Jeff Shepard says:

Re: There will be no winner here

There might not be a winner here but I think there will be a loser. I’m still very bitter about spending…what around 600 bucks or so on a Sony Beta Max? So why in the would I spend more money on a Sony Blu-Ray. What is the saying? Fool me once, shame on you. Fool me twice shame on me…well I’m not going to be fool twice so sorry Sony, you lose!

Anonymous Coward says:

Still don't have anything HD

I still don’t have anything HD in my home. I still don’t know many people that have HD. I agree this battle isnt helping, and that some nice standards would be helpful (as the lack thereof is whats preventing my adoption).

However, this rant against COMPETING formats is a little off base for techdirt. Aren’t you usually spouting that competition is good and necessary? Whats so wrong with competition in the “media of choice” arena?

Why can’t they have their fight in the consumers pocketbook? Isn’t that how its supposed to work?

Granted, this time its not two COMPANIES competing against each other, but its two CONSORTIUMS competing. That’s not quite the same, and I would rather they combine the consortiums and established a standards body instead, BUT both of those consortiums started life as technology companies who believed they had what it took to create the next (free market) standard.

And yes, as closed and inconvenient as the new HD disk specs are, I have absolutely no interest in either. I will reluctantly adopt whichever ever spec isnt killed off, just like everyone else because we have no other choice. Accept the shitty offering, or live without media. And I sure as heck wont be watching ad-infected tv…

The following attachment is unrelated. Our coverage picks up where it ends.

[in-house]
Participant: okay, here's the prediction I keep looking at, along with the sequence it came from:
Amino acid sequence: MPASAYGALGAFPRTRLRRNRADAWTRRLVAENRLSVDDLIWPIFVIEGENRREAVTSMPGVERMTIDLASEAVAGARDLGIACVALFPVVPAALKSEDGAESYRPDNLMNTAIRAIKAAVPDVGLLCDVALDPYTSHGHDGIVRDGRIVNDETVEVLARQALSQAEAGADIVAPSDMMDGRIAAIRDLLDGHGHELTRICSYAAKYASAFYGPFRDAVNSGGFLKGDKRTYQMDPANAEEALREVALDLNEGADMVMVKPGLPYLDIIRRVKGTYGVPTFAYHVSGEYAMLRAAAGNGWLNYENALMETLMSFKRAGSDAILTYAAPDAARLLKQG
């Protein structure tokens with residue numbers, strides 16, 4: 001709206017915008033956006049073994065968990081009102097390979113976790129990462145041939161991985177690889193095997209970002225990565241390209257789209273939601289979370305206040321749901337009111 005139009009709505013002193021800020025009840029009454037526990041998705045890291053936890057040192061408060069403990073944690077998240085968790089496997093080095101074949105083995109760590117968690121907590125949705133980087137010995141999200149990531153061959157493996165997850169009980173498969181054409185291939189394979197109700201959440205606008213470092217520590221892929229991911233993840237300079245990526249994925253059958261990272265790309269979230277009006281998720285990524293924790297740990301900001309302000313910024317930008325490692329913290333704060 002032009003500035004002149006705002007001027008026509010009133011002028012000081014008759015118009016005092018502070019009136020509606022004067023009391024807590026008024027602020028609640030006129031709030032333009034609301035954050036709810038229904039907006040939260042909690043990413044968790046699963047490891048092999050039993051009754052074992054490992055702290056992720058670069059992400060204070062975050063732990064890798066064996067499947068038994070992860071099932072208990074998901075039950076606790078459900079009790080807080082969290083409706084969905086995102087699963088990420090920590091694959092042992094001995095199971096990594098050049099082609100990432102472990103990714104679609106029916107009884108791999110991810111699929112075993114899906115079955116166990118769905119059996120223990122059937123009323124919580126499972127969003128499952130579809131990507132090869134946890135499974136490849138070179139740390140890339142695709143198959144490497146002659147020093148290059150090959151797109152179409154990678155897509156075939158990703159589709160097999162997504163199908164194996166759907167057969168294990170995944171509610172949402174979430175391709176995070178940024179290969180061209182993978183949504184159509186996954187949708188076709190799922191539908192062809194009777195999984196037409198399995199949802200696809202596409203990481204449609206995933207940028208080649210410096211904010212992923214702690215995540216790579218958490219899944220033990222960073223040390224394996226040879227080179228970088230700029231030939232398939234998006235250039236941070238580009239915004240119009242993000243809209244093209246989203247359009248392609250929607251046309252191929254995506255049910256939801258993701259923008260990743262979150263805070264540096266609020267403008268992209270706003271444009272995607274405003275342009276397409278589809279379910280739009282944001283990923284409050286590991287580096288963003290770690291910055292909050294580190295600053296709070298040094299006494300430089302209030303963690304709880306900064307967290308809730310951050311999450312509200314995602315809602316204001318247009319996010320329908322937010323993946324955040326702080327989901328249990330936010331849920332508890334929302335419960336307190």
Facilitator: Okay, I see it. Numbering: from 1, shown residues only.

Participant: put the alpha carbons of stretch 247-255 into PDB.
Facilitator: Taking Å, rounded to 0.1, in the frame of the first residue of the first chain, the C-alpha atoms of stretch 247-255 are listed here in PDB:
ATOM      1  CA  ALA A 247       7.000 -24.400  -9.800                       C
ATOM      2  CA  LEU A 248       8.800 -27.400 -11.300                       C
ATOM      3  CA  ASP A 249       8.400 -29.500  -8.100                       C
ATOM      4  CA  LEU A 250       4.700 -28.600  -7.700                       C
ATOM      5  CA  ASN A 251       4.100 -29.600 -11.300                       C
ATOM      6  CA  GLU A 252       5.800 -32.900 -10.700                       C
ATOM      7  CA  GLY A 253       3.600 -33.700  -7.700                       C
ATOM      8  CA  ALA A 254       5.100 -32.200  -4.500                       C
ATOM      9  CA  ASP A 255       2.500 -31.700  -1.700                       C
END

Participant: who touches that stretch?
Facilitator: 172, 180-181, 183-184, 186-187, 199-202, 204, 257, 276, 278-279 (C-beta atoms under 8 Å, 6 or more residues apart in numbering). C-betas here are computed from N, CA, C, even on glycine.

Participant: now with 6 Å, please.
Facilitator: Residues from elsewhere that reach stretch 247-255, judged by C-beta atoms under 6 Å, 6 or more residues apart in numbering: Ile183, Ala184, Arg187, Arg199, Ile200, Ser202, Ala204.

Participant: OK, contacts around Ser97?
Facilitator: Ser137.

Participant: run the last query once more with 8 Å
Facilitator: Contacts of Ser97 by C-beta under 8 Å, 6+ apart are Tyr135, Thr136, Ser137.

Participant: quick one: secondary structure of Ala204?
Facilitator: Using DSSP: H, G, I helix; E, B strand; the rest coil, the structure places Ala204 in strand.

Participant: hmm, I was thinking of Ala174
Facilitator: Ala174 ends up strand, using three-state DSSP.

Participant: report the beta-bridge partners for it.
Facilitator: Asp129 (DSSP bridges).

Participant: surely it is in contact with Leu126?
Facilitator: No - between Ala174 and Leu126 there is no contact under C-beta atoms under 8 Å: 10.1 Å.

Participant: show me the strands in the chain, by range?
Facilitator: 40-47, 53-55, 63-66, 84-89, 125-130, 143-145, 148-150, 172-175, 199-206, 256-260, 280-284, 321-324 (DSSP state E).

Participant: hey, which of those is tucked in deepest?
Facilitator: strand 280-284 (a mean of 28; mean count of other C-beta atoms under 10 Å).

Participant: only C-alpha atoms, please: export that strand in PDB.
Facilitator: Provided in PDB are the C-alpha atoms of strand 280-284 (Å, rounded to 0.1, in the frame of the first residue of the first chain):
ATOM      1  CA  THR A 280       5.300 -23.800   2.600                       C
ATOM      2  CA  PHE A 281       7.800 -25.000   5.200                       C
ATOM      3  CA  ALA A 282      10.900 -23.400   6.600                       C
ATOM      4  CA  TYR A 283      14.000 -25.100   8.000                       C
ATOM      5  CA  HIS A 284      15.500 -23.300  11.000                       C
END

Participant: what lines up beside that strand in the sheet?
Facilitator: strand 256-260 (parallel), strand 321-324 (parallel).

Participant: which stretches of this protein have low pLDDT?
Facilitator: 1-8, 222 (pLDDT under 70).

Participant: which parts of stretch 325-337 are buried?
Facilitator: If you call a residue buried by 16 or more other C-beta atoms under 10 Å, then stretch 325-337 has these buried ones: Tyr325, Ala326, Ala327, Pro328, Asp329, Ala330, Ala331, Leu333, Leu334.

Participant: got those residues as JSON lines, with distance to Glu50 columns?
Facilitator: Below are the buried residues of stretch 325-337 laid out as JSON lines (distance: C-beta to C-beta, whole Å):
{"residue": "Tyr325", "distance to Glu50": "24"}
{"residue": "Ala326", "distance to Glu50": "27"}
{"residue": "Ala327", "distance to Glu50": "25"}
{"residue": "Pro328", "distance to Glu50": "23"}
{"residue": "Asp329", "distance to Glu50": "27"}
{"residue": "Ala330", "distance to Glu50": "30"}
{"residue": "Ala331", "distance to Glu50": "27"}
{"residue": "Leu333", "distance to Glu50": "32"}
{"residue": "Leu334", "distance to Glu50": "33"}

Maybe someday we will have our fair use rights back again, and we will be able to platform shift our media without becoming CLASS C felons in the process. Until then, the “big studios” are going to try and try and try and try to get us to buy the same content overa nd over again. And I still won’t.

Toronto Digerati says:

Re: Still don't have anything HD

Actually in the Beta vs VHS wars it wasn’t two COMPANIES but two CONSORTIUMS. In one corner was SONY and Toshiba with Betamax and in the other was JVC, Matsushita (Panasonic) and RCA with VHS.

In that case it was two consortiums who just as you say, believed they had the what it took to create the next standard.

While we all know VHS won the hearts and pocketbooks of consumers, even today Beta is THE standard for the broadcast industry, Betacam not Betamax, but it is still derived from the same format.)